That sounds well enough, but for many, the entire point of creating the oversight board — which has been in the offing since late 2018 — was to equip Facebook for the coming Presidential election, which promises to be something of a hot one.

As my colleague Natasha Lomas described the board when it was officially announced:

The Oversight Board is intended to sit atop the daily grind of Facebook content moderation, which takes place behind closed doors and signed NDAs, where outsourced armies of contractors are paid to eyeball the running sewer of hate, abuse and violence so actual users don’t have to, as a more visible mechanism for resolving and thus (Facebook hopes) quelling speech-related disputes.

But as we soon found out, the board would have nothing to do with what many would call the most dangerous content on Facebook: fast-spreading misinformation. The board will for now primarily concern itself with disputed takedowns of content, not simply disputed content. On many matters its decisions will be merely advisory.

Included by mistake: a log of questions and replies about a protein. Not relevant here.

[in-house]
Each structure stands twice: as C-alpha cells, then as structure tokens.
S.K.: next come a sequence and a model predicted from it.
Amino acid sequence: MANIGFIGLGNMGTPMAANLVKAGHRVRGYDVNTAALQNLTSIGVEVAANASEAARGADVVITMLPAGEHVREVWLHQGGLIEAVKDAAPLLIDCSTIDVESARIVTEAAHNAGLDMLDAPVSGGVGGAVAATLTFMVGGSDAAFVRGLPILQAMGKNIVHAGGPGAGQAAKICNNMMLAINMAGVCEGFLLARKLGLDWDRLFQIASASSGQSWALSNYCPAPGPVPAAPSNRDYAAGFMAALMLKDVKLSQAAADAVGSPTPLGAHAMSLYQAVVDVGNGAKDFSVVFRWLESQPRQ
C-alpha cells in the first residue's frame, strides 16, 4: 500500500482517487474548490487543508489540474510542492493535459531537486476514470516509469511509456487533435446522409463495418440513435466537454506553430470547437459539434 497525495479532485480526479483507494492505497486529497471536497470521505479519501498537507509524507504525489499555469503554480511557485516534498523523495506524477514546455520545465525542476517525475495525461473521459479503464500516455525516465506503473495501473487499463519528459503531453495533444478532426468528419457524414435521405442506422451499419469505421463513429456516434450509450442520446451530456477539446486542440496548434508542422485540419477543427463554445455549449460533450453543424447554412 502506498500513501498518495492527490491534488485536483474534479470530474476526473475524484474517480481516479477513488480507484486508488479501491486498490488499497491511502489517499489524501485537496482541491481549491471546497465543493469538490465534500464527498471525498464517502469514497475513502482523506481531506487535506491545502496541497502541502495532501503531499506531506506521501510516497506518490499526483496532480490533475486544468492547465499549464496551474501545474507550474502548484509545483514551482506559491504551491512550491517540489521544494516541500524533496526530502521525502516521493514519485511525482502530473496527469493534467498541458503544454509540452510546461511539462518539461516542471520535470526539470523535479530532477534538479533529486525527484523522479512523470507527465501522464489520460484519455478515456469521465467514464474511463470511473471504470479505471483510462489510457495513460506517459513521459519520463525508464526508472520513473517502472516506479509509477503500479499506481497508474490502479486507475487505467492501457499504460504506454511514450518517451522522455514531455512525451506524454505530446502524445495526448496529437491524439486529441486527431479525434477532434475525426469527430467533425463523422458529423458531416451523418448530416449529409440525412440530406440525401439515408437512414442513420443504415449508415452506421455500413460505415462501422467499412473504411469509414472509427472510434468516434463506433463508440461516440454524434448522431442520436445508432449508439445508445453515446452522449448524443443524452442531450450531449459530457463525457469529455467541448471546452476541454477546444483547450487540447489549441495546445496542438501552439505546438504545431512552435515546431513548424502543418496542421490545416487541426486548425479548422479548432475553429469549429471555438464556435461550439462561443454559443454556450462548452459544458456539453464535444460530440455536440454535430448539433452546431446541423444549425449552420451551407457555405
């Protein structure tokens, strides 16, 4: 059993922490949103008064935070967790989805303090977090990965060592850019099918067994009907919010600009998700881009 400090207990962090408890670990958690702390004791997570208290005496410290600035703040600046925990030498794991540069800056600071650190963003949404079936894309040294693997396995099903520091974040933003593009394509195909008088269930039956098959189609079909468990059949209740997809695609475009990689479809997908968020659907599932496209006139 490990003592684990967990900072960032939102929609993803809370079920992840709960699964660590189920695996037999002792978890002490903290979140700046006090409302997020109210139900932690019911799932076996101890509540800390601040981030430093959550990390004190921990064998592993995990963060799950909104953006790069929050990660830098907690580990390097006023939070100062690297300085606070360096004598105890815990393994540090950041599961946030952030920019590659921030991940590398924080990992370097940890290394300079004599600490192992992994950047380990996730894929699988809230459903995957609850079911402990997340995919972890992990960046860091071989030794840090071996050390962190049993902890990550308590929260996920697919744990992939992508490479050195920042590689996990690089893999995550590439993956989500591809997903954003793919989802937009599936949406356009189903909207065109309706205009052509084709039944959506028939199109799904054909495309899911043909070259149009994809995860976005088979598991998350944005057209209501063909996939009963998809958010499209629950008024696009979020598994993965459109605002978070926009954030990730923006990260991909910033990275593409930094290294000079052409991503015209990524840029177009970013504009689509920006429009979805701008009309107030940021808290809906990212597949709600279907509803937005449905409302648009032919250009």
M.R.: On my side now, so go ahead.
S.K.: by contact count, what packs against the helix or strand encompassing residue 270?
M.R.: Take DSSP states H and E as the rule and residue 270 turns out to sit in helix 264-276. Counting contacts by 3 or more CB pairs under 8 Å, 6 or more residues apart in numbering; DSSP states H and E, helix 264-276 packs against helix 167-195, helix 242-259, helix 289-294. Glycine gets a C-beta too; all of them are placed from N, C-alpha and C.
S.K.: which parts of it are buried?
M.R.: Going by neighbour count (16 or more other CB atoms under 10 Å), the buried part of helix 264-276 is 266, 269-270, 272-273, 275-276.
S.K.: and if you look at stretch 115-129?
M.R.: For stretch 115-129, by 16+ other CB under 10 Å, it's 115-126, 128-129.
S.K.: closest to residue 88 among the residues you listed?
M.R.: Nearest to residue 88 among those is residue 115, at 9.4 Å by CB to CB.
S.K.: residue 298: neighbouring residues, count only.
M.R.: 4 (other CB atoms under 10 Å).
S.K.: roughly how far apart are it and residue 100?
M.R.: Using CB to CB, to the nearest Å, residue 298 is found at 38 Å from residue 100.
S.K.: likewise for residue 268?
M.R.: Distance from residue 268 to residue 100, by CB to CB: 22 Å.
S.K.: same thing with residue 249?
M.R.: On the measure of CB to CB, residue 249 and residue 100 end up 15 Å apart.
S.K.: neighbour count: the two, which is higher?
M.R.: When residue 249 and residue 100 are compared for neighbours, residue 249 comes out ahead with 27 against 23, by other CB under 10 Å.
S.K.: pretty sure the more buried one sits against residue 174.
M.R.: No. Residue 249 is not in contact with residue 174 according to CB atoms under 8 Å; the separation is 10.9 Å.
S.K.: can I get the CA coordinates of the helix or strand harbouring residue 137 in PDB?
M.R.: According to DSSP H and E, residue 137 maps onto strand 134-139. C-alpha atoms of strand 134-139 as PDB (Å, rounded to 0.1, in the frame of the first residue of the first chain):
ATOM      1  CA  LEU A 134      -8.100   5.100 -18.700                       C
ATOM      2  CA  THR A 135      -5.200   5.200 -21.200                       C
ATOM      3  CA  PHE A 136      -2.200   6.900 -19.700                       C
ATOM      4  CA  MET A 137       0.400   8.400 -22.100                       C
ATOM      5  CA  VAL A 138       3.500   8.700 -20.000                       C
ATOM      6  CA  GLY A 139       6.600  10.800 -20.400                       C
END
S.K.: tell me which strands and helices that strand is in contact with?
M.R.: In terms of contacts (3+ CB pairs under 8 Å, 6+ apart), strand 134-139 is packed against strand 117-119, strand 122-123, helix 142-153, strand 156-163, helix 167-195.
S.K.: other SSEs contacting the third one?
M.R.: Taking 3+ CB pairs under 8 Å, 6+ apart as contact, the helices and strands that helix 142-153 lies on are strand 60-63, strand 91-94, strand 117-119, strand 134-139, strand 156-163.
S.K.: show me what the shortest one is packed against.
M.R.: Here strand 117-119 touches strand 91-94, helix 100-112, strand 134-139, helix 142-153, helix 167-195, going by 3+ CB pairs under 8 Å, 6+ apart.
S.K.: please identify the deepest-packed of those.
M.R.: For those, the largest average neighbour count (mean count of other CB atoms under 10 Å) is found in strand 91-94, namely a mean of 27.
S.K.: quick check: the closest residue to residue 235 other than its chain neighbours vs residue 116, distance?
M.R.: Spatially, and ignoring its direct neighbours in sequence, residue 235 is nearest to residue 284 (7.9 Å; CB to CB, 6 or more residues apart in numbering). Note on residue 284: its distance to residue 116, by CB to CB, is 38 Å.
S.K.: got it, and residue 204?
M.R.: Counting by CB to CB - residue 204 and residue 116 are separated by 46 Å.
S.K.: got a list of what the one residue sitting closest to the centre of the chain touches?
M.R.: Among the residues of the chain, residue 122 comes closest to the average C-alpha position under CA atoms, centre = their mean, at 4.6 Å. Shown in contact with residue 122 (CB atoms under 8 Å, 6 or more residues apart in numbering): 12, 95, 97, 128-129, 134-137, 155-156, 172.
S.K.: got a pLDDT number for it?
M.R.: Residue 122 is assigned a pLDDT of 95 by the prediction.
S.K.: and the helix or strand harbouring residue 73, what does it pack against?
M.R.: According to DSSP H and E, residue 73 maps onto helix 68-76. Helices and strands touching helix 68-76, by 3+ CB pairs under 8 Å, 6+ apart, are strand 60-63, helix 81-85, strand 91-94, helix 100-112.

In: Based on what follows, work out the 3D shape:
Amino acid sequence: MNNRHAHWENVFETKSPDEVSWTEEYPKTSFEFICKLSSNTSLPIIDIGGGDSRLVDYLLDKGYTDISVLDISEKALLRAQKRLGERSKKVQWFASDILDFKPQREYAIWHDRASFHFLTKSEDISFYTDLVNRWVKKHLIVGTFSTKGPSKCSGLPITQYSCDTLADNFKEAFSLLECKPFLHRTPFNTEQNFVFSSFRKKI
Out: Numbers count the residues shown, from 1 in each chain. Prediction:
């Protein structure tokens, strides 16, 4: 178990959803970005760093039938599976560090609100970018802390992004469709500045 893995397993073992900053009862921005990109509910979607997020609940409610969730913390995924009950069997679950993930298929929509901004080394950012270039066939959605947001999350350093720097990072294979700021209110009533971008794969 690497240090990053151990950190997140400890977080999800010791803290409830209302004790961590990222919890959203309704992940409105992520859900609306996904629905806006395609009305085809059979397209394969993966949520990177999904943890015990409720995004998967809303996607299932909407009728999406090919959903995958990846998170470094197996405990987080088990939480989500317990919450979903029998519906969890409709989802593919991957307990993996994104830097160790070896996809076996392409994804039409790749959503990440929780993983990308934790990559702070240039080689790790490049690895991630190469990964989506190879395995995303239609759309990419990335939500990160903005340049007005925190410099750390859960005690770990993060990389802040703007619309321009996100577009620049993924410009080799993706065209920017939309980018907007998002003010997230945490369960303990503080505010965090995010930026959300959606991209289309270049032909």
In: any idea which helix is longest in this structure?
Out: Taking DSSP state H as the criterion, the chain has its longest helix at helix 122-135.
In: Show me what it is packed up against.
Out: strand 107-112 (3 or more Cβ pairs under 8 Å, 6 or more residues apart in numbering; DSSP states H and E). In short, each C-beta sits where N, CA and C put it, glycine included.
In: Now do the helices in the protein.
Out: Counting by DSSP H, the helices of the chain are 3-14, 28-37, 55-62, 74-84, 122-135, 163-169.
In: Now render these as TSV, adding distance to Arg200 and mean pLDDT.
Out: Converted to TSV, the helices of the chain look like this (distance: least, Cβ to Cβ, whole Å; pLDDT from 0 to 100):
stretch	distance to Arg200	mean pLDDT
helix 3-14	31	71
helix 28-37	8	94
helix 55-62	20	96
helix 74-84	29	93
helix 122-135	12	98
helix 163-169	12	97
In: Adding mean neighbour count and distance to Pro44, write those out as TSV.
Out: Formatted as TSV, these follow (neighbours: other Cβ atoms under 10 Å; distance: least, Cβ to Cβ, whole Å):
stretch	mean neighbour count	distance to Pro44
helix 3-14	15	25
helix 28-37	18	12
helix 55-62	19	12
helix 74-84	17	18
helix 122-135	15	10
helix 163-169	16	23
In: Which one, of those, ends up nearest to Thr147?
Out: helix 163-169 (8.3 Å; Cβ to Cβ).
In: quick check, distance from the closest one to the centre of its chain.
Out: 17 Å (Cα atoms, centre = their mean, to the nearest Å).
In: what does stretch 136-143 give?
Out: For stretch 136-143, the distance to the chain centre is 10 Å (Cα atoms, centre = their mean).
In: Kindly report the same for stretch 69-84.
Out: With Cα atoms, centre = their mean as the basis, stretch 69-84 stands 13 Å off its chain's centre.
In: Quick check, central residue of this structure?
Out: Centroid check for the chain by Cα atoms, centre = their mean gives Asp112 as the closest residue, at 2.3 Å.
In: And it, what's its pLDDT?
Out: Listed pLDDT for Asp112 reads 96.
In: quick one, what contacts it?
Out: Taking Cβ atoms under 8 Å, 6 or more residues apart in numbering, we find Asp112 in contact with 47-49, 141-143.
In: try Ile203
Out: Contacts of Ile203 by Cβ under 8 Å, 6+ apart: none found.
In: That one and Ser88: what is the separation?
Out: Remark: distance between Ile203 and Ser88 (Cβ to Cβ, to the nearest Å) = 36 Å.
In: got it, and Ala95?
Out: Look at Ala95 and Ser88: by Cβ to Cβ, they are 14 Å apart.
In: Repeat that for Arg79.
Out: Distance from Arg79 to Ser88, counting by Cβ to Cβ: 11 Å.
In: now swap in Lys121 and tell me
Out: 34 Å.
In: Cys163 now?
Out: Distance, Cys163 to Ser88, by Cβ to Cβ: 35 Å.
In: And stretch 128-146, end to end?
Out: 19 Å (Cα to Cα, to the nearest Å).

Facebook has taken a relatively laissez-faire attitude towards manipulated media, deliberate misinformation, misleading political ads and other troubling content, and executives including Mark Zuckerberg have regularly reinforced that attitude.

An attempt to hit the company in its wallet has proven unexpectedly successful, with many large companies pledging to at least temporarily advertising from Facebook to protest these policies. Coca-Cola, Ford, REI, and even TechCrunch’s parent company Verizon have signed on to #StopHateforProfit. Facebook met with representatives of the effort today and the latter were, predictably, disappointed.